Hong Kong officials yesterday apologized to Muslim leaders after riot police on Sunday sprayed a mosque and bystanders with a water cannon loaded with a blue liquid while trying to contain pro-democracy demonstrations.
Hong Kong Chief Executive Carrie Lam (林鄭月娥) and the police chief visited the Kowloon Masjid and Islamic Centre to apologize to the chief imam and Muslim community leaders.
Officials were scrambling to minimize the fallout from the incident at one of the territory’s most well-known religious sites.
The government said in a statement that Lam “extended an apology for the inadvertent spraying.”
Authorities called it an accident, but a bystander’s account disputed that.
Muslim leaders told reporters they accepted the apology.
“Our mosque is not damaged, nothing is done wrong. Only thing is that they should have not done it. For that they apologized so we accept it,” said Saeed Uddin, honorary secretary of the Islamic Community Fund of Hong Kong.
Police also apologized later at a daily news briefing and said they had been contacting Muslim community leaders.
“To any people or any groups that were affected, we offer our genuine apologies,” Kowloon West regional commander Cheuk Hau-yip (卓孝業) said. “We certainly do not have any malicious intent.”
It was a rare case of authorities apologizing for how they have handled the protest movement, which erupted in early June and expanded to include demands for police accountability and political reforms.
Protesters seized on it as the latest example of what they call unnecessarily harsh police tactics.
During Sunday’s protest, a police water cannon truck that was passing by the mosque sprayed a stinging blue-dyed liquid at a handful of people standing in front of the mosque’s gate, according to video of the incident by pro-democracy Hong Kong Legislator Jeremy Tam (譚文豪).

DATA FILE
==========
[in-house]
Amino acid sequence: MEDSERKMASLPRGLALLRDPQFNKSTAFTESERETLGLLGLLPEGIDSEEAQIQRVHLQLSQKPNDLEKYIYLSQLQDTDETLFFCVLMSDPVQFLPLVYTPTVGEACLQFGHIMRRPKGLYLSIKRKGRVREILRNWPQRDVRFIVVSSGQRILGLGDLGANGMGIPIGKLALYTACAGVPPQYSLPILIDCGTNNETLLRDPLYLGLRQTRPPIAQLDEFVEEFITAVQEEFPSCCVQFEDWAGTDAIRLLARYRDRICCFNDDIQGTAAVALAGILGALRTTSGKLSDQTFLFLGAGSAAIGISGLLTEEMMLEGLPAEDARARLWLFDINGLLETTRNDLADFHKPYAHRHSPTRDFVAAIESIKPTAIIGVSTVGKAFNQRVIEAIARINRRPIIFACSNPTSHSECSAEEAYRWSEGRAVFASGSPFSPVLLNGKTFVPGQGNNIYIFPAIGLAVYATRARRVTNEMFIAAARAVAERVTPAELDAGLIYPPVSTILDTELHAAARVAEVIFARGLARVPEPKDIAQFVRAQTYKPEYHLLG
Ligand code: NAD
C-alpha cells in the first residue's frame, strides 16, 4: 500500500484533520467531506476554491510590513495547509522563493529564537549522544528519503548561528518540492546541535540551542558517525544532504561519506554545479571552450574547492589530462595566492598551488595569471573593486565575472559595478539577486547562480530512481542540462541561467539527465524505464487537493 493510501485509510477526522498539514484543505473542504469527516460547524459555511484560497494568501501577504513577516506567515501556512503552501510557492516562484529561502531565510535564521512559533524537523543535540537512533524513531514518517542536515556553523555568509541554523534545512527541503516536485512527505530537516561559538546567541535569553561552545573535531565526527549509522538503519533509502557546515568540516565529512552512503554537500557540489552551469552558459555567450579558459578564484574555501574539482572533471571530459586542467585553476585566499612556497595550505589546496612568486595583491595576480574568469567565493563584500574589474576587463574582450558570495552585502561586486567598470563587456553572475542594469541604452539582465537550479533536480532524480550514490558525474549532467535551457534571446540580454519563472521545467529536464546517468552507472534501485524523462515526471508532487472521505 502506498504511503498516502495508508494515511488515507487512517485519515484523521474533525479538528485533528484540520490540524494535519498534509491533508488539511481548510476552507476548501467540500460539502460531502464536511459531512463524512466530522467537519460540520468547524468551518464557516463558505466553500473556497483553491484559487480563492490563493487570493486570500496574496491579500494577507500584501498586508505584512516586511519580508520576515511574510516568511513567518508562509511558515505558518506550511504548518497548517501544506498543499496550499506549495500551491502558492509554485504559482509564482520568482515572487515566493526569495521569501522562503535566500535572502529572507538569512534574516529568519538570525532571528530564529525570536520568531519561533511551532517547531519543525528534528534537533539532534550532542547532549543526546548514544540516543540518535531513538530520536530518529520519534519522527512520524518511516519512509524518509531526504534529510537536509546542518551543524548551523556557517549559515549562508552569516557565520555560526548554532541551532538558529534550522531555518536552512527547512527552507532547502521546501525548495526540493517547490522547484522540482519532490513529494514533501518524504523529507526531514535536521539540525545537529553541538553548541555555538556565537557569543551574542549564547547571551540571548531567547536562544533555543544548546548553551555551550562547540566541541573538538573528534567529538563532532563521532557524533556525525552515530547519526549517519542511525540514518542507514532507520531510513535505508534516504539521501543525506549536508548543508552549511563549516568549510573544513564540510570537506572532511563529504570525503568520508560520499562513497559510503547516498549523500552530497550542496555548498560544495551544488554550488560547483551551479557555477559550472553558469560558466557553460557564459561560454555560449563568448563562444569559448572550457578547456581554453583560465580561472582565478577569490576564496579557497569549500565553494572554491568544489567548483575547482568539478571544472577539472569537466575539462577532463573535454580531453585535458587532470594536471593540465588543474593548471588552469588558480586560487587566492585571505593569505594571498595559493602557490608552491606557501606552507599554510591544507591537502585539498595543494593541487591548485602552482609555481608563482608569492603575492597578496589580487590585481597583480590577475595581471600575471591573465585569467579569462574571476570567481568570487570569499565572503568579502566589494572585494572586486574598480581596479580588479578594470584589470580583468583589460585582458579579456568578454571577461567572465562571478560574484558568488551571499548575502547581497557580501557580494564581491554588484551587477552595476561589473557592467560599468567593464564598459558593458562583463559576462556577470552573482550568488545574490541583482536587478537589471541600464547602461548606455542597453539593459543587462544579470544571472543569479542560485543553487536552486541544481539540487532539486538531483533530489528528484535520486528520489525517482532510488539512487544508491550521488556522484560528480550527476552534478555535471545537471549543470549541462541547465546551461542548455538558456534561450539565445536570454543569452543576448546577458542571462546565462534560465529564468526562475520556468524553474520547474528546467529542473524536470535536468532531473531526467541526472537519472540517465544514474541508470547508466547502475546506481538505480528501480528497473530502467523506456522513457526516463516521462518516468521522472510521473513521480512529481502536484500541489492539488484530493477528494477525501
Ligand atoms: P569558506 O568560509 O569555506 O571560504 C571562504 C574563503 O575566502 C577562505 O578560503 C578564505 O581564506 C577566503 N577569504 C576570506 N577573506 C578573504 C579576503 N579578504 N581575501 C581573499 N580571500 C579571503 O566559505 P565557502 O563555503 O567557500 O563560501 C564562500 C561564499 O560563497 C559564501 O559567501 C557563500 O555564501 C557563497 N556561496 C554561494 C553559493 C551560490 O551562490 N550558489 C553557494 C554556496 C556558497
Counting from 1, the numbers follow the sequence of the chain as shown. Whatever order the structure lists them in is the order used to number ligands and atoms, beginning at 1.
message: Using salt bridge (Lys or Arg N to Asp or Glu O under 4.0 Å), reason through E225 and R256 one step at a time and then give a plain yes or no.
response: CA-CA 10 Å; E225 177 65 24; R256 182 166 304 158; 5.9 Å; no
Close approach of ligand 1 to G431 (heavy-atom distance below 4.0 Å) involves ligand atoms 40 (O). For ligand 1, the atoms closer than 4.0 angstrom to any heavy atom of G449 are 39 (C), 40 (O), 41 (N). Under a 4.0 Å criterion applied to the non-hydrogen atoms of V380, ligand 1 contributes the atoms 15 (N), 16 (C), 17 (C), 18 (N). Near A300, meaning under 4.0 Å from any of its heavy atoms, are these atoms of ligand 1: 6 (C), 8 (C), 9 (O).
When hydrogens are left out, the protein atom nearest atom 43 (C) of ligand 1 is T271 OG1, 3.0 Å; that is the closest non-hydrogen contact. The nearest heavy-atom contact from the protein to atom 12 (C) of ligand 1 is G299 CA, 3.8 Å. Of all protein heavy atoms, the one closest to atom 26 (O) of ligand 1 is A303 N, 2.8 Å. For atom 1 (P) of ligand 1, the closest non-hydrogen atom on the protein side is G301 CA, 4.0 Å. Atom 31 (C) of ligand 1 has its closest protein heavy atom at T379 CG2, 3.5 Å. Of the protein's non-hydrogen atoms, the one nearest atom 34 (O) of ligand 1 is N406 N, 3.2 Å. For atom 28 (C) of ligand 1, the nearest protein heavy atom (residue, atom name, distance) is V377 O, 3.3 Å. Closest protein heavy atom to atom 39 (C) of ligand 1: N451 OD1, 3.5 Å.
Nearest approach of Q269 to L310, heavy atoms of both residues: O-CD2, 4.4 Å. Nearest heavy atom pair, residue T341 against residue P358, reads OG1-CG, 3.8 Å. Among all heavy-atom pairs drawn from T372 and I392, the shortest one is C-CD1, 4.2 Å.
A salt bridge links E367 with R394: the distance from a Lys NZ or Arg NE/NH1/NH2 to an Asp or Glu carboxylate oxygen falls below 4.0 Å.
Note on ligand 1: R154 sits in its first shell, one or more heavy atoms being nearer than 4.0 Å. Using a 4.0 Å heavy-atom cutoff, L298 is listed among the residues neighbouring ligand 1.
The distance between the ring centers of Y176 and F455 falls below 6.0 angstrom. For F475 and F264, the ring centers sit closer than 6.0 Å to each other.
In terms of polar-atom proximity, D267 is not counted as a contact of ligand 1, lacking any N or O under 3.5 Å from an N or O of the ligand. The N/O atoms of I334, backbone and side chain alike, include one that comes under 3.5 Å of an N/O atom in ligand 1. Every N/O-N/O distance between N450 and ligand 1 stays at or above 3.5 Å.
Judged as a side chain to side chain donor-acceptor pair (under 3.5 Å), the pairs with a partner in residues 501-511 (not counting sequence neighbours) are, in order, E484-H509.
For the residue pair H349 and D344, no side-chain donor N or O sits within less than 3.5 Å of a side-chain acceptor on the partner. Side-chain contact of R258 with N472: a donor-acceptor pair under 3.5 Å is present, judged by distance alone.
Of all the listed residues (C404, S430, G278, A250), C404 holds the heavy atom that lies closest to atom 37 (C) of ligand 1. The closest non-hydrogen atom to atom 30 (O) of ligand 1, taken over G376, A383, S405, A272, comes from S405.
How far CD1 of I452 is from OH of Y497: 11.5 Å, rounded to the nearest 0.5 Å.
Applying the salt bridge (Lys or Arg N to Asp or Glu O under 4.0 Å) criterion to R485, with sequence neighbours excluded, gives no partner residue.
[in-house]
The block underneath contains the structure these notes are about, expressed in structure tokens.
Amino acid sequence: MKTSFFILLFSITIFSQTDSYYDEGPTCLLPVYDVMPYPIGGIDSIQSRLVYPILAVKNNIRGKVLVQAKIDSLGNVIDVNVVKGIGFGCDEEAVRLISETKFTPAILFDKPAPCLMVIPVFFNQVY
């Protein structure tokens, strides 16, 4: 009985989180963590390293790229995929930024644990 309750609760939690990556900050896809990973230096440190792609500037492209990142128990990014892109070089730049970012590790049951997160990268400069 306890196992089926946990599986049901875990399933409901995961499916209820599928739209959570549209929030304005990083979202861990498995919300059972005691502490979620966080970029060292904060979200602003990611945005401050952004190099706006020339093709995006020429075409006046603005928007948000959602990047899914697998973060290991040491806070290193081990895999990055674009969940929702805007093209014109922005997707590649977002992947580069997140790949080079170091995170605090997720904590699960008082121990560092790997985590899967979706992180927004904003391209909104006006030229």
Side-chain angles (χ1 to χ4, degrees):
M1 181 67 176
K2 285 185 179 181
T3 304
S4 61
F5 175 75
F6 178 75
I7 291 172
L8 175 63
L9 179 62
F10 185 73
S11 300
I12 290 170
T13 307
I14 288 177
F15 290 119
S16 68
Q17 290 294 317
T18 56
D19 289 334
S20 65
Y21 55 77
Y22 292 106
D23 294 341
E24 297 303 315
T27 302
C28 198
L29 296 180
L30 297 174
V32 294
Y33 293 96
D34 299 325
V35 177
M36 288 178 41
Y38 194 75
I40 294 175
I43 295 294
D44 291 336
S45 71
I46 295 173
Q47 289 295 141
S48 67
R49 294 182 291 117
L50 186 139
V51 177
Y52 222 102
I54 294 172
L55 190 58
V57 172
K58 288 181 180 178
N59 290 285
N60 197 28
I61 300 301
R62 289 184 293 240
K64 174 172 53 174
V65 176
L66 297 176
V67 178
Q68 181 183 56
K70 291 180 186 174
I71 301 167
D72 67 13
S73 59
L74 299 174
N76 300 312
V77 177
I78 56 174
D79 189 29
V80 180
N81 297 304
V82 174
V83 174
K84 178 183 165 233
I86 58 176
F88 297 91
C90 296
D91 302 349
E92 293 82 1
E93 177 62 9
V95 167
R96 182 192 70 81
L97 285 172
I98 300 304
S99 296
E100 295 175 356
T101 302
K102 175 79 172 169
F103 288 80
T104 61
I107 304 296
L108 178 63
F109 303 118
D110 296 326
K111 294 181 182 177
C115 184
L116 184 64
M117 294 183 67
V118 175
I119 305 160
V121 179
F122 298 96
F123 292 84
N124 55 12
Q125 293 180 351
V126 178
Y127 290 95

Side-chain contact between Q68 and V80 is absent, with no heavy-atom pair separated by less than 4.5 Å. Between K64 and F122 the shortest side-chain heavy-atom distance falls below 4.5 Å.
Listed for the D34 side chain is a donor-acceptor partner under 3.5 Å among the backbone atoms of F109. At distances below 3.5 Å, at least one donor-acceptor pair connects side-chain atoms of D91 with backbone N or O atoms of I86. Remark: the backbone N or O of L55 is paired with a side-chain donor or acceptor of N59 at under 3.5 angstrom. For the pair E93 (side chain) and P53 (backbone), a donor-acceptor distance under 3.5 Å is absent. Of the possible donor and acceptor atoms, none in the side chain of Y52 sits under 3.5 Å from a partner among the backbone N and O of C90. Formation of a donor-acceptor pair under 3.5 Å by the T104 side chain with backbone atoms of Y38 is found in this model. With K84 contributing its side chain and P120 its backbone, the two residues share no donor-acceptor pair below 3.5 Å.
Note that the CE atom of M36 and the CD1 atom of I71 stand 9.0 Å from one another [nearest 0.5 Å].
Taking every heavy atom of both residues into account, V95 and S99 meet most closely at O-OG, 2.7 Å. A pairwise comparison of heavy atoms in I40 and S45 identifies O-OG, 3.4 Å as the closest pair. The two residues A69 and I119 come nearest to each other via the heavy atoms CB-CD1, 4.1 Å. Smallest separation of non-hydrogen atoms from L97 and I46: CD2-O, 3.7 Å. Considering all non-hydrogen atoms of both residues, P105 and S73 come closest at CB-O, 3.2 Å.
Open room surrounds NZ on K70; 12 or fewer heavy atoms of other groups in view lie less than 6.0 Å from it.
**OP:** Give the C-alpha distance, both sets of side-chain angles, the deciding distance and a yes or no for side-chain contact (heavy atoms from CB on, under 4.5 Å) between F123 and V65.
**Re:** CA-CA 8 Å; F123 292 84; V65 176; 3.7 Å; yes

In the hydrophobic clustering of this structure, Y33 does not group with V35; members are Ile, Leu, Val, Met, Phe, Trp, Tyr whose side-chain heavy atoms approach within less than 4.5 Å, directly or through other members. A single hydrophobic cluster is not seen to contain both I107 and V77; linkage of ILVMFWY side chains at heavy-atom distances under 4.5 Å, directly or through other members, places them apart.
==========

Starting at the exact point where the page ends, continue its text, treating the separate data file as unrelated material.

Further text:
The mosque’s front steps, metal gate and the sidewalk outside were stained with the blue liquid while people caught in the plume were left gagging, coughing and trying to rinse the solution from their eyes, the video shows.
Volunteers later arrived to help clean up the mosque, and by yesterday morning the blue coating was largely gone.
Mohan Chugani, a businessman and former president of Hong Kong’s Indian Association, said he was passing by the mosque and stopped to chat with someone when he was hit by the cannon.
Chugani, who is not Muslim, said there were no protesters around when the water cannon and an armored car rolled up, so he thought nothing of it.
Then he noticed a periscope on the cannon focusing on him and before he knew it, the cannon fired.
“I was shocked,” Chugani, 73, said. “The second round became much more powerful. I couldn’t open my eyes, and it was like my whole body was on fire.”
Chugani, whose left eye remained swollen shut, said officials reached out to apologize.
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